“As we recover from the COVID-19 pandemic, we find ourselves in a position of unparalleled opportunity. This is the opportunity to prepare for the future resilience of our health systems,” said Athanasios Plevris, Minister of Health of the Hellenic Republic. “Our greatest virtue is our health. And I am proud to see that the quality of health services is placed at the heart of our agenda.”

Building strong and high-quality mental health services for generations to come

The new WHO programme will set out a response to the mental health challenges arising from the negative impacts of the pandemic, while also keeping in mind the consequences of the current humanitarian crisis in Ukraine on the mental health of the millions of children and young people affected.

Experiencing armed conflicts, war, forced displacement or family separation can have immense and often long-lasting negative consequences for people’s mental health, especially for vulnerable groups such as children and adolescents.

Problems can arise during safe passage, such as relapse of pre-existing conditions, anxiety or stress about basic needs being met, and the undermining of community support structures, which can prevent traditional ways of coping from being used.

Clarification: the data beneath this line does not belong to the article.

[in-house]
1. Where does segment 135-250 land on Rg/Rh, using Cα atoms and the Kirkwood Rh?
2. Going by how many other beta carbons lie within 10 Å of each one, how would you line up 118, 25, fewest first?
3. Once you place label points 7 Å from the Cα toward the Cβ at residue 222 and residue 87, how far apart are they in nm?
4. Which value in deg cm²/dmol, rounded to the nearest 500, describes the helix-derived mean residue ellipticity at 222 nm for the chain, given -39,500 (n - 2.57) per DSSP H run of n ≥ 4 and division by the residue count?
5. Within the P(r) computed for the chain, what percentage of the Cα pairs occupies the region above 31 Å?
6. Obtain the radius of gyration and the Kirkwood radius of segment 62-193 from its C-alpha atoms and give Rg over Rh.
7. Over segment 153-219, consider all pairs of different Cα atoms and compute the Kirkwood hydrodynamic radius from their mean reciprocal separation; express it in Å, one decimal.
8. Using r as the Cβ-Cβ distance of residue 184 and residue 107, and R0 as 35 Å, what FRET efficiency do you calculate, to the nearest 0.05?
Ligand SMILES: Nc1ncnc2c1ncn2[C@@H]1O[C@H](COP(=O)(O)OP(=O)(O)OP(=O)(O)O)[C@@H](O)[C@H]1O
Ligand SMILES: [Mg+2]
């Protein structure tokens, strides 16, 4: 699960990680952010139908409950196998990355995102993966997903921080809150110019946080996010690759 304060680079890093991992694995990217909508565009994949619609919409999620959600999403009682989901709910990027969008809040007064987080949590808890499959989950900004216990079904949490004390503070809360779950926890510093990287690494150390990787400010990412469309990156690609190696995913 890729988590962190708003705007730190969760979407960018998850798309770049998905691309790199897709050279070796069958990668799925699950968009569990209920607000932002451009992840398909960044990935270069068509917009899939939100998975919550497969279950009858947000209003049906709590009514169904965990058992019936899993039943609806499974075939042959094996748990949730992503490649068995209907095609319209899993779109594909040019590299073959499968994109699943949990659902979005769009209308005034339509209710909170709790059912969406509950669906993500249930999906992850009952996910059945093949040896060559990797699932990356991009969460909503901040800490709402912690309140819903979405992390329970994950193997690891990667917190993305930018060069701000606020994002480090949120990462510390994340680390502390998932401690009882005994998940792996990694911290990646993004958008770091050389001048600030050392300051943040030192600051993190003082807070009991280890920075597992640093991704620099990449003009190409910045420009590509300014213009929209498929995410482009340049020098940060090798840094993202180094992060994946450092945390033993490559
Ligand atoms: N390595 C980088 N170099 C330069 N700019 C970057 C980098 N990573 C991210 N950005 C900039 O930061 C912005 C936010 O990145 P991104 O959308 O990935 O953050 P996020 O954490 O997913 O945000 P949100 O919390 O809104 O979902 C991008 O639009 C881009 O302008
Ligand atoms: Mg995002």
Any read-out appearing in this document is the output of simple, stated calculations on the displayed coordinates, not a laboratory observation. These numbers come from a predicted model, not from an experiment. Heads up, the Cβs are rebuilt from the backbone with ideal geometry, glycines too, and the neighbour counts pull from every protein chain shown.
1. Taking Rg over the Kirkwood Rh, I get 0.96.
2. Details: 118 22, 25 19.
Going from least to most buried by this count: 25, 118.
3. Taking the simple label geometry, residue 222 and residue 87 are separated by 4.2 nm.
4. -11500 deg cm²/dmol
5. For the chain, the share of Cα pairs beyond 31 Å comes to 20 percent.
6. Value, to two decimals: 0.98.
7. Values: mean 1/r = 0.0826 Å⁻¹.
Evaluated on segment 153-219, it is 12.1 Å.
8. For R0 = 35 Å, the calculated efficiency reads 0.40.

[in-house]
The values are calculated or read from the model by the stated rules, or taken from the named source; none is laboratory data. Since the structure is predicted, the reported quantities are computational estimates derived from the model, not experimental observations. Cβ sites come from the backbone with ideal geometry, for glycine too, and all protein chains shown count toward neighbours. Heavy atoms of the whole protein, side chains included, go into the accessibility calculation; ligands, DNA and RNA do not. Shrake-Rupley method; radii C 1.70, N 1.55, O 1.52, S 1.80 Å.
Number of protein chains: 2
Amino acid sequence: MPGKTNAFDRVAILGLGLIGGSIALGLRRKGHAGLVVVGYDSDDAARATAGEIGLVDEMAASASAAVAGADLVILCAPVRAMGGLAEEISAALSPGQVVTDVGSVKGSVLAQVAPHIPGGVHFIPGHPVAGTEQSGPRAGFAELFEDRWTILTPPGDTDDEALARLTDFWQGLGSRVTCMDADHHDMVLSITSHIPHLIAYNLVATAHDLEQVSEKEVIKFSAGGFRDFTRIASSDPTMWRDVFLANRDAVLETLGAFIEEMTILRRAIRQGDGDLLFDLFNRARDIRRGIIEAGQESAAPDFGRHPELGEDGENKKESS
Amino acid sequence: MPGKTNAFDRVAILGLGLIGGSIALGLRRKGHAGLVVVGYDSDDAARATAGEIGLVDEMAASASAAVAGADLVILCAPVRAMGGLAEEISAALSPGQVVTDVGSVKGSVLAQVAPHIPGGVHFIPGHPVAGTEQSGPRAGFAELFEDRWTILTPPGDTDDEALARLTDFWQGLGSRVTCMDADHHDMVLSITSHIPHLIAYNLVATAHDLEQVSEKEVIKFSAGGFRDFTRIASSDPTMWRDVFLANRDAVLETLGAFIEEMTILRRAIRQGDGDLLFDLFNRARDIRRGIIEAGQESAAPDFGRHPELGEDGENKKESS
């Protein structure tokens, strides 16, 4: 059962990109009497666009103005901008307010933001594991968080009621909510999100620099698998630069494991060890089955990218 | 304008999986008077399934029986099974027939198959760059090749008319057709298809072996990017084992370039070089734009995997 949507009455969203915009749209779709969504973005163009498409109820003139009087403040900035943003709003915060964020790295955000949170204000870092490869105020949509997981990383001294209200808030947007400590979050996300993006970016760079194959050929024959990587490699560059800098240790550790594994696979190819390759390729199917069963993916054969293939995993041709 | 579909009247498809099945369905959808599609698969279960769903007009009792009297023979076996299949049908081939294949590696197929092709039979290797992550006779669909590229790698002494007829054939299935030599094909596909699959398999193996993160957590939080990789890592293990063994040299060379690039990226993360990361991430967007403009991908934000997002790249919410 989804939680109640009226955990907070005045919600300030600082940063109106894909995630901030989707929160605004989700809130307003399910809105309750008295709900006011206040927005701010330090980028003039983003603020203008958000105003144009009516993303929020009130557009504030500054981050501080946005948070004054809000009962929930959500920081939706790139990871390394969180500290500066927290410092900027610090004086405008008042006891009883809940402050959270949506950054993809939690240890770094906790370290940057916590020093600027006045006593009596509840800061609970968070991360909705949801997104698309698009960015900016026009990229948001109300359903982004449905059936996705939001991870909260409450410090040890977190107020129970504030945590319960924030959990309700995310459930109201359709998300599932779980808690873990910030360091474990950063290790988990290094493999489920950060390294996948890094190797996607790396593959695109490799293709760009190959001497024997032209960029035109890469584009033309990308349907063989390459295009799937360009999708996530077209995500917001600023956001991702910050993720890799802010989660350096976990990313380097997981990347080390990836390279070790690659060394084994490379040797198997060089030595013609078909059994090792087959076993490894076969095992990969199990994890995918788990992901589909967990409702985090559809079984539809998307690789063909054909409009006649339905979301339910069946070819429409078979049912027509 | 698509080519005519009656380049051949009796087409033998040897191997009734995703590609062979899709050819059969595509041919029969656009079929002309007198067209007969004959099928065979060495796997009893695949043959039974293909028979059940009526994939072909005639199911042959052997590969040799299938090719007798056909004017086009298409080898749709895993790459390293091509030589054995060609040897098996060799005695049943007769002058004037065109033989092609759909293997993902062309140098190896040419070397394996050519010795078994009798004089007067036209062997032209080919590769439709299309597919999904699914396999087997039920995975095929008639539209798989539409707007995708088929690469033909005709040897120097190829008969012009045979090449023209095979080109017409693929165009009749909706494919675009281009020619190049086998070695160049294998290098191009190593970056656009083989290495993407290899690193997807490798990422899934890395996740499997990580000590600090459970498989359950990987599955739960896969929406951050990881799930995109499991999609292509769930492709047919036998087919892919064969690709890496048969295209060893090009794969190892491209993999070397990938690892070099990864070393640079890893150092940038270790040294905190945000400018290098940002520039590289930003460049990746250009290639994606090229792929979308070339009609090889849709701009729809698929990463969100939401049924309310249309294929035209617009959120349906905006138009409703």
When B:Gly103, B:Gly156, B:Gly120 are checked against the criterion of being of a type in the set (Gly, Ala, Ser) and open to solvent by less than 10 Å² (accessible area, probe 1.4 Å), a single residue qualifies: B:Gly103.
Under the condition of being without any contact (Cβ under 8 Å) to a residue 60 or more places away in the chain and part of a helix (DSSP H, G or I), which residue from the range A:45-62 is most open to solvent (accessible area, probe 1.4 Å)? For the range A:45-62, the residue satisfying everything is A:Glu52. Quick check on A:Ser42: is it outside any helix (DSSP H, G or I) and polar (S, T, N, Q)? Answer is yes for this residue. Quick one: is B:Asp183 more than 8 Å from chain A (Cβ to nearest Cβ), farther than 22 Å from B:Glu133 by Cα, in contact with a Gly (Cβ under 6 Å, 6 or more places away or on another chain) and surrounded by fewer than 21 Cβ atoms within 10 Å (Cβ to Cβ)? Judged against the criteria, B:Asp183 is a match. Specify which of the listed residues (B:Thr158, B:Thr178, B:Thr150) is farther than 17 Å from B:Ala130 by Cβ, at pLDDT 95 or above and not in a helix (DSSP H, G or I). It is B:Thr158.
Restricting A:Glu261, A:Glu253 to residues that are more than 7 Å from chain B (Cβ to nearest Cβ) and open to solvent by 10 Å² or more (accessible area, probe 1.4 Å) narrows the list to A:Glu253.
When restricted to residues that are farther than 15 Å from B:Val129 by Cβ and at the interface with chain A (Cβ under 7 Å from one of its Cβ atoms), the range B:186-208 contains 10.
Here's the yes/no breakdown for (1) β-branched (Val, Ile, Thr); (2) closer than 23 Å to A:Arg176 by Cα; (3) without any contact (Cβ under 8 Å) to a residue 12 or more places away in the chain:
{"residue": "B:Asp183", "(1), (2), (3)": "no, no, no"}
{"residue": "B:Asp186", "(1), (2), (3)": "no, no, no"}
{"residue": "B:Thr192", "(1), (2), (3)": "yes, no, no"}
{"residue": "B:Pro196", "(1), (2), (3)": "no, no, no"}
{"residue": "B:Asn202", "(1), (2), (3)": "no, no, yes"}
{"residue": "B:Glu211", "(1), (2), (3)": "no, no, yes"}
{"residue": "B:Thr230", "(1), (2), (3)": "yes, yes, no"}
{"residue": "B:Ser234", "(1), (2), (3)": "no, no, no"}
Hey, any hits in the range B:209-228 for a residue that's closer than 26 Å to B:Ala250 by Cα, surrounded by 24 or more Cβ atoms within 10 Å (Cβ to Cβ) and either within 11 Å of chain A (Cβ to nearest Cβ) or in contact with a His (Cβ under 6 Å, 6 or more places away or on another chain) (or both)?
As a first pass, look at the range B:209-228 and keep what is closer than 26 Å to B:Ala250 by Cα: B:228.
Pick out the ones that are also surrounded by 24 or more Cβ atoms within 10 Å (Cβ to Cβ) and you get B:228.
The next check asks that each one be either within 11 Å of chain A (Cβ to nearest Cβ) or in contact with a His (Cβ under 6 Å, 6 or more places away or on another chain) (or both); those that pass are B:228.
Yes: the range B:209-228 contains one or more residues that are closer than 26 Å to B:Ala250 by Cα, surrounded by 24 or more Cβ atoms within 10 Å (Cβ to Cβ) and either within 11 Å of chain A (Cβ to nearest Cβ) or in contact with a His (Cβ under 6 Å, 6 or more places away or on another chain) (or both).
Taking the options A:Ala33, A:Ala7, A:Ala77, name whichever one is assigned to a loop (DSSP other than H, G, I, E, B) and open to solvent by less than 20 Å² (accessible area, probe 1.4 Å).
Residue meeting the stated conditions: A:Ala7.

“It is clear that, whether it is because of an unprecedented pandemic, or a sudden humanitarian crisis, meeting people’s mental health needs—especially those of children and young people—must be at the heart of any functioning health system. We look forward to working closely with all 53 countries in our Region to make this a reality,” Dr Kluge said.

Children and adolescents who are happy and confident are likely to carry this into adulthood and more easily build resilience in the face of adversity. However, depression is one of the leading causes of illness and disability among adolescents globally and suicide is the fourth leading cause of death in 15-19-year-olds.

Through the new programme, WHO/Europe will work with countries to improve the mental and emotional health of their younger populations through:

  • Support with developing national strategies and frameworks and sharing lessons learned. Many countries have already developed successful approaches, but many require a common platform to share knowledge and expertise. The new WHO programme will better enable this.